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Gabrielle Ringenberg, Jill M. Maples and Rachel A. Tinius

In the United States, approximately one in three adults are classified as obese ( Flegal, Kruszon-Moran, Carroll, Fryar, & Ogden, 2016 ), defined as a body mass index (BMI) greater than 30 kg/m 2 . These numbers are even higher among women, with 40.4% of American women being classified as

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Roger L. Hammer, Daryl McCombs and A. Garth Fisher

It has been suggested that weight loss and regain, known as weight cycling, may result in greater body fatness and increased upper body fat distribution which may lead to adverse health consequences. These are concerns that may discourage some obese women from undergoing weight loss efforts. We retested 44 obese women, who took part in one of two weight control studies conducted in our laboratory, at either 6 or 12 months posttreatment. The followup study was performed to determine whether percent body fat and waist/hip ratio (WHR) had increased in those subjects who failed to maintain their weight loss. Subjects lost (mean + SD) 8.6 + 1.2 kg body weight, of which 7.0 + 1.0 kg was fat, and reduced their WHR by 0.03 + 0.006 (all p’s < .01) after either 12 or 16 weeks of treatment comprised of eating a low-fat diet, and in most cases performing endurance exercise training. At followup subjects were divided into groups based on the amount of weight regained. Those who regained (n=19) their lost weight were not fatter nor was their WHR higher than before the study began. These results do not support claims that weight cycling, in this case a single cycle, increases overall percentage of body fat or causes a redistribution of fat to the abdominal region of women.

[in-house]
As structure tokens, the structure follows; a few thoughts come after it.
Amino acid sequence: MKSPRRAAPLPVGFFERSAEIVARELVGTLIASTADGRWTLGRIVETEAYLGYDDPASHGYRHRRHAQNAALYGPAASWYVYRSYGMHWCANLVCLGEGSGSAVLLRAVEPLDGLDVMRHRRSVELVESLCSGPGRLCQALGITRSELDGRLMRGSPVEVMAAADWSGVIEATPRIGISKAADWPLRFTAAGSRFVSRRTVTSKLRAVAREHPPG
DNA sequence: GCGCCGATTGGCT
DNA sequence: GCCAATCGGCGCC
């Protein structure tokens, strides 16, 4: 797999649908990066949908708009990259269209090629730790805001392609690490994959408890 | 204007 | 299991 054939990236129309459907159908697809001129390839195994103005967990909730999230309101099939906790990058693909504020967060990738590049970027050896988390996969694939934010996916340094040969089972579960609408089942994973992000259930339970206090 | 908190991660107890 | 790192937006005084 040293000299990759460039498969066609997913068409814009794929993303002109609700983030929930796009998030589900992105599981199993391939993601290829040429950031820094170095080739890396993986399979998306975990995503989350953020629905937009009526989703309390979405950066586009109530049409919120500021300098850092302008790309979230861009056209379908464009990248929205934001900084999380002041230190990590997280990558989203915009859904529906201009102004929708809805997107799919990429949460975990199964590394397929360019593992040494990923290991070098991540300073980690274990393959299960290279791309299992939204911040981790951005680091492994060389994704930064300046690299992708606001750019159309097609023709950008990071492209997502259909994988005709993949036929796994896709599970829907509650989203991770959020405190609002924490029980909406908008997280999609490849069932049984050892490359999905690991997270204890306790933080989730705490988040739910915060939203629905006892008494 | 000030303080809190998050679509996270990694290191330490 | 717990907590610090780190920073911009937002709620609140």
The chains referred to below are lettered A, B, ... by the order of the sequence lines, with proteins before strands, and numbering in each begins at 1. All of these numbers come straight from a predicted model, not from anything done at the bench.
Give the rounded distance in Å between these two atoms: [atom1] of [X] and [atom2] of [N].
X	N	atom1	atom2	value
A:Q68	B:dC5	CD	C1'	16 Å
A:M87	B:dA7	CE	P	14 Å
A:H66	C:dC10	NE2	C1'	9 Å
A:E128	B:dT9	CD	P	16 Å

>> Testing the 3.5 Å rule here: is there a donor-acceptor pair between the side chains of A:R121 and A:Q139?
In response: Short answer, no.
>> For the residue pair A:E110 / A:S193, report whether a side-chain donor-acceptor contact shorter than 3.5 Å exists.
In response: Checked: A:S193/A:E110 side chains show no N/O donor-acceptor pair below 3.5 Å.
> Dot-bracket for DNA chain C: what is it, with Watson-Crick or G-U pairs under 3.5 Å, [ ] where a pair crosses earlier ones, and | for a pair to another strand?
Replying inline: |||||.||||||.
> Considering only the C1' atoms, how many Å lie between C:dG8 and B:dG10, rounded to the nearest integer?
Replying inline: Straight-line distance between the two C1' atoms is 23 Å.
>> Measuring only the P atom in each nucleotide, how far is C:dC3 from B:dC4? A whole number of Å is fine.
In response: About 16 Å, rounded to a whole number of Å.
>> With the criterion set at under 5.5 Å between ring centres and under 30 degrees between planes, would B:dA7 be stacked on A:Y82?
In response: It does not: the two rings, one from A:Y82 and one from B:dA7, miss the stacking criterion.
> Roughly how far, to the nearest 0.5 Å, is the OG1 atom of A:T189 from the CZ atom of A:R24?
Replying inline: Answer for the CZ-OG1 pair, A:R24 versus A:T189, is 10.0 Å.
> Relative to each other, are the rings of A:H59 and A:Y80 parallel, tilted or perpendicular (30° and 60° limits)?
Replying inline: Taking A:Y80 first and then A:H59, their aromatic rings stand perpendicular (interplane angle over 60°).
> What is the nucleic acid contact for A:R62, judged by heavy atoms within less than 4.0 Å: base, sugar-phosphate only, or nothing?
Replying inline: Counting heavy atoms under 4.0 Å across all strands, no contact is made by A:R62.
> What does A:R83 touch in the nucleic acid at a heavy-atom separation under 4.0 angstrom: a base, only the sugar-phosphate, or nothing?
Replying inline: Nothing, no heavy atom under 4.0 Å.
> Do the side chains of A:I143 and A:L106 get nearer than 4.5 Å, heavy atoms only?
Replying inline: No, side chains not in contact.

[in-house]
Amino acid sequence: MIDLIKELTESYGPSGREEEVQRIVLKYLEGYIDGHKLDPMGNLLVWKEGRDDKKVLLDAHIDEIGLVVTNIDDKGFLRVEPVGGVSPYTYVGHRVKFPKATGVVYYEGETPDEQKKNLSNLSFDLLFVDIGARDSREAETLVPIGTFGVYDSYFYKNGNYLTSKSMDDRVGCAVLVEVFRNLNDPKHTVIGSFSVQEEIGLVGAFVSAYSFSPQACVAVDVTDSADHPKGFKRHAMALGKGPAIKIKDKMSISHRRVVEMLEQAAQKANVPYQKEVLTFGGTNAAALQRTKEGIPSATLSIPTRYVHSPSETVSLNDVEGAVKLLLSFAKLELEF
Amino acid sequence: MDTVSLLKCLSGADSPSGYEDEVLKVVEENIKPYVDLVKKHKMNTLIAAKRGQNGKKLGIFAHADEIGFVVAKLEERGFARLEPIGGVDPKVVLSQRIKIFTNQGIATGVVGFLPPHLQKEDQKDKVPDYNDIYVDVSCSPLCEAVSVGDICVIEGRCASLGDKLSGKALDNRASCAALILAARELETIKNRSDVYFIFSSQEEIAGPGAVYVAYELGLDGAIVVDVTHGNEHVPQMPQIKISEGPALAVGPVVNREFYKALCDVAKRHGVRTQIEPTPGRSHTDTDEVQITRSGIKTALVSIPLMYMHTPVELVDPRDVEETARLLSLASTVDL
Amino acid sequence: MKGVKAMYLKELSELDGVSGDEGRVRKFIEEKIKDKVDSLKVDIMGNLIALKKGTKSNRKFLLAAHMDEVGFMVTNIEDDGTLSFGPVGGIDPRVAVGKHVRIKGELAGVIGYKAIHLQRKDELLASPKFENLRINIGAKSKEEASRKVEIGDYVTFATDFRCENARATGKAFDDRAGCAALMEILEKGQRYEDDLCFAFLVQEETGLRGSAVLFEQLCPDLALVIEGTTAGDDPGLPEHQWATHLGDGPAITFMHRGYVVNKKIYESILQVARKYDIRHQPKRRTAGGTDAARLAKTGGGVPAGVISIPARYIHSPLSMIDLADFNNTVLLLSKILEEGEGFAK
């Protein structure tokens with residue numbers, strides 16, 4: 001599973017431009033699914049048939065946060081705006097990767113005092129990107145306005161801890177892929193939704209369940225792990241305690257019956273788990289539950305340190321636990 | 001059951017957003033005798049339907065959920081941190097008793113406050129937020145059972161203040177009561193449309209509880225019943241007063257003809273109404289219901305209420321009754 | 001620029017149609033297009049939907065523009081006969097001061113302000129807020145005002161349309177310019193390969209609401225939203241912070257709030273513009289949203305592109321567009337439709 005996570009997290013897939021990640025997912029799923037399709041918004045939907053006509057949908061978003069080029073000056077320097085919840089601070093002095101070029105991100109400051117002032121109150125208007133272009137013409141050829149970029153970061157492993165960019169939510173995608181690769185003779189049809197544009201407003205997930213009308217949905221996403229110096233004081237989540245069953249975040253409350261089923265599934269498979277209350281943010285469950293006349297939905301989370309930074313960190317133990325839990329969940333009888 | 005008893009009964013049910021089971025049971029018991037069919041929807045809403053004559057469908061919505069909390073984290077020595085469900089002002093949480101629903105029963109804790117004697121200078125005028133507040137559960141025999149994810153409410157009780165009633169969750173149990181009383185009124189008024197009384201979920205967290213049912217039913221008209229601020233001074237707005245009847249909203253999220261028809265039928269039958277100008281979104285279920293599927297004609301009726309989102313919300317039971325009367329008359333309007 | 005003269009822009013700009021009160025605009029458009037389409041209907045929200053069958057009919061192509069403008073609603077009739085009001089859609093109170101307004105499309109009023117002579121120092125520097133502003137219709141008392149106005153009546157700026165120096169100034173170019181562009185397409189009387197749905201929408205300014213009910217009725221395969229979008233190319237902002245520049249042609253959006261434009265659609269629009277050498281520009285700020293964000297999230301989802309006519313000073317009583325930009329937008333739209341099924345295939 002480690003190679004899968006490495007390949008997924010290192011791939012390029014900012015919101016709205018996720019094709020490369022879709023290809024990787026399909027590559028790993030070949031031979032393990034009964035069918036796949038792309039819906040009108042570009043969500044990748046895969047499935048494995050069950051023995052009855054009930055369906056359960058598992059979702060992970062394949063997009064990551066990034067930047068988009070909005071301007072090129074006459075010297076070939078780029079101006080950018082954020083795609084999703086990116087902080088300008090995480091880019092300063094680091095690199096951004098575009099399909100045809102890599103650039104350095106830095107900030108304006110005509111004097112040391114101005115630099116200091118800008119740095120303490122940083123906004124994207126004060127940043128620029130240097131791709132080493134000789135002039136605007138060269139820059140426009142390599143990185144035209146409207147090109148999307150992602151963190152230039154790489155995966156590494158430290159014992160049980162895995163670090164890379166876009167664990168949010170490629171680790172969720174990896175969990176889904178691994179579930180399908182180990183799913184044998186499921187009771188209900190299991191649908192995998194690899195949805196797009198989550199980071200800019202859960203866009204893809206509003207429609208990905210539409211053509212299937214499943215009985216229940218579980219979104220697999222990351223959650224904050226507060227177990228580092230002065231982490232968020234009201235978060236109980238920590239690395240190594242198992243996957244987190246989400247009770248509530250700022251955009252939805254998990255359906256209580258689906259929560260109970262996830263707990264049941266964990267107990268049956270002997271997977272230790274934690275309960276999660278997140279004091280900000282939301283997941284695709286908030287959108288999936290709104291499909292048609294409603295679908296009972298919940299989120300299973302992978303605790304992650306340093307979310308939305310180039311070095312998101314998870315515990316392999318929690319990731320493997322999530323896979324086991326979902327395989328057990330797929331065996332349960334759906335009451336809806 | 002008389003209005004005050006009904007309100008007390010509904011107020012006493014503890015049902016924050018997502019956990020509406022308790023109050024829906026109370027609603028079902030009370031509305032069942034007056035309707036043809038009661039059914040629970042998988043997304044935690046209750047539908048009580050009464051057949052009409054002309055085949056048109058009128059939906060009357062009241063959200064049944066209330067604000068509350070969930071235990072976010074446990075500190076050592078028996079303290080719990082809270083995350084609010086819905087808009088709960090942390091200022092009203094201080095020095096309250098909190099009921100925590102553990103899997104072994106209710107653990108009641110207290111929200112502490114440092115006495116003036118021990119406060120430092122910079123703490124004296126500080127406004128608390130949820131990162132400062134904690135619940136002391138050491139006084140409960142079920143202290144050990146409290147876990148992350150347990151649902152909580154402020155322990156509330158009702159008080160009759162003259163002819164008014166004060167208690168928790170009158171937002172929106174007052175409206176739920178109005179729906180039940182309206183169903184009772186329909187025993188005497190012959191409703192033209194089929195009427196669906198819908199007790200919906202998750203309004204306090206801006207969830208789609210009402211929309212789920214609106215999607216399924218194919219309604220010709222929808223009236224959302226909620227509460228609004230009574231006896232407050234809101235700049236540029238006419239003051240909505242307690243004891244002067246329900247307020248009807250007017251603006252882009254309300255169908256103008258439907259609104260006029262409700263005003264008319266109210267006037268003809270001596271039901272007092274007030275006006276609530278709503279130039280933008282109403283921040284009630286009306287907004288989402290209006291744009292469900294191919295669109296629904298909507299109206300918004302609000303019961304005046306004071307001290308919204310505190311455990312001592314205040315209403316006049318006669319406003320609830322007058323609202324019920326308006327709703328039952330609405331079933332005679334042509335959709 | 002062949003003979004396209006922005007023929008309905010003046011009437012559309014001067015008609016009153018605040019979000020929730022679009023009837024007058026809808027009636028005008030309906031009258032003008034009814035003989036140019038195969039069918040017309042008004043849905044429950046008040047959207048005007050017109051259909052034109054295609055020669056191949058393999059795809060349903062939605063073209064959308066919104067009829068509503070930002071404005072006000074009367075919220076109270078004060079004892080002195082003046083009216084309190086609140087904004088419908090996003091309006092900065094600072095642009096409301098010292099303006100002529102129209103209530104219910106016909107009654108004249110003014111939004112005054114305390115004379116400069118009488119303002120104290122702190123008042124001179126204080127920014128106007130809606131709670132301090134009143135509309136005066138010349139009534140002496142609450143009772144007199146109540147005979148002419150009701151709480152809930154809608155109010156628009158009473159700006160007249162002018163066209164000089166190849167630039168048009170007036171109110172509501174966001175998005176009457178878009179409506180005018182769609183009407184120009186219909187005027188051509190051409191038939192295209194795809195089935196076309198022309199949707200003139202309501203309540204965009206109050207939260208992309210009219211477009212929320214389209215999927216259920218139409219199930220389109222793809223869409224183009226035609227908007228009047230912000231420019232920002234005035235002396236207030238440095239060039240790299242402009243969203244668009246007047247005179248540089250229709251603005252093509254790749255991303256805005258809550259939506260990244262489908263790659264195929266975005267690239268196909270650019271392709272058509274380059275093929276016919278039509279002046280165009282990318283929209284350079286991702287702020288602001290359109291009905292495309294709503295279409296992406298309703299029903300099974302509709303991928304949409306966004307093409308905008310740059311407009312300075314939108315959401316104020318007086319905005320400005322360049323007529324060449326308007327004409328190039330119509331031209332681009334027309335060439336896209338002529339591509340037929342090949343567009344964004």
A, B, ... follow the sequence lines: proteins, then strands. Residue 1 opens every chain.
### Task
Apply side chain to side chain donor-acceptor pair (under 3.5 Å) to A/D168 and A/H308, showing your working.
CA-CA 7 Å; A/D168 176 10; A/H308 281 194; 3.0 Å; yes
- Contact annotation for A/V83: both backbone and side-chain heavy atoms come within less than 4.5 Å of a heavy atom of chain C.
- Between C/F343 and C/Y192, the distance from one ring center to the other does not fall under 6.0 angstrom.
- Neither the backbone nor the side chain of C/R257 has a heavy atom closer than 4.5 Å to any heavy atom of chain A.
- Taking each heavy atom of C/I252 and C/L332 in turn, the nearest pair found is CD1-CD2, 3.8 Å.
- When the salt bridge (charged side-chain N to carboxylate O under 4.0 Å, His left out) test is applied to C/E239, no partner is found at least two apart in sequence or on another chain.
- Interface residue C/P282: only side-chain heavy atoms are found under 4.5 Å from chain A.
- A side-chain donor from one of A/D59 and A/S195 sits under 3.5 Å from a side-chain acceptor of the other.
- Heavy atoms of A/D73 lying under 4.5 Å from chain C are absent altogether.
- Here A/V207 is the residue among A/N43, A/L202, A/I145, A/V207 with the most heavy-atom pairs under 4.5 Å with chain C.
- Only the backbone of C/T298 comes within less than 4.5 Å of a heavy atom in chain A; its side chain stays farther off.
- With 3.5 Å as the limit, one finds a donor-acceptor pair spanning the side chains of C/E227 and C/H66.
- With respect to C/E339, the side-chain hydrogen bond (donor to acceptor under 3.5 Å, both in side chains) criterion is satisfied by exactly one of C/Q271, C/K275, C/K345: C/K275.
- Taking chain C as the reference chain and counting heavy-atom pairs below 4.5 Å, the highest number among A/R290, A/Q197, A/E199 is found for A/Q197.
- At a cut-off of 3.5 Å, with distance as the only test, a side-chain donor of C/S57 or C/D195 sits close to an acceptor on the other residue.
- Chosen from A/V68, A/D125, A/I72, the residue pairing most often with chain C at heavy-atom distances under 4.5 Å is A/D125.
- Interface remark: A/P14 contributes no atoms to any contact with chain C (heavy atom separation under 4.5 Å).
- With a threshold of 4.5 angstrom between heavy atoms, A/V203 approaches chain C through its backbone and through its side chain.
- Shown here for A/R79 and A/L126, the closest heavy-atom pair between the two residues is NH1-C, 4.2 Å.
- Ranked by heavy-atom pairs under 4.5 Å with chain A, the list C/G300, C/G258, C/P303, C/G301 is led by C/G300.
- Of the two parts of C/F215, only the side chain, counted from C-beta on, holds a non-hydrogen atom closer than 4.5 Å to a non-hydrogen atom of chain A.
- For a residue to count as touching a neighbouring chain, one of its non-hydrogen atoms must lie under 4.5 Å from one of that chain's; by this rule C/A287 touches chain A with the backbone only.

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Geneviève Rail

The recent construction of a so-called “obesity epidemic” has been fueled by epidemiologically-based studies recuperated by the media and suggestions of the rapid acceleration of obesity rates in the Western world. Studies linking obesity to ill-health have also exploded and greatly impacted our “physical” culture. In this article, I present a series of postcards to summarize the dominant obesity discourse and document the rhetorical terrain of the impending epidemic. I also offer counter-postcards to dispute the postcards’ objective postulations and contextualize the birth of what I call the “Obesity Clinic.” I then characterize this polymorphous clinic as an apparatus of capture sustained by biomedicalization, bioeconomics, and biocultural discourses and speak to its regulation and abjection of unruly (fat) bodies. I conclude with a few reflections about the territorializing nature of the Obesity Clinic as well as what it means for individuals and, more generally, for physical culture and its study.

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Lisa McDermott

A number of scholars have noted the increased social currency that a risk vocabulary has come to assume in late modernity. This vocabulary has been deployed in discourses o physical inactivity and obesity, wherein children have increasingly been identified as an at-risk population leading a sedentary lifestyle, which is culturally represented as a primary risk factor for obesity and ultimately ill health. This article explores the usefulness of Foucault’s governmental perspective in problematizing the function served and effects produced by a risk vocabulary within discourses and practices directed at intervening in the childhood inactivity and obesity epidemics with a specific focus on the Canadian context.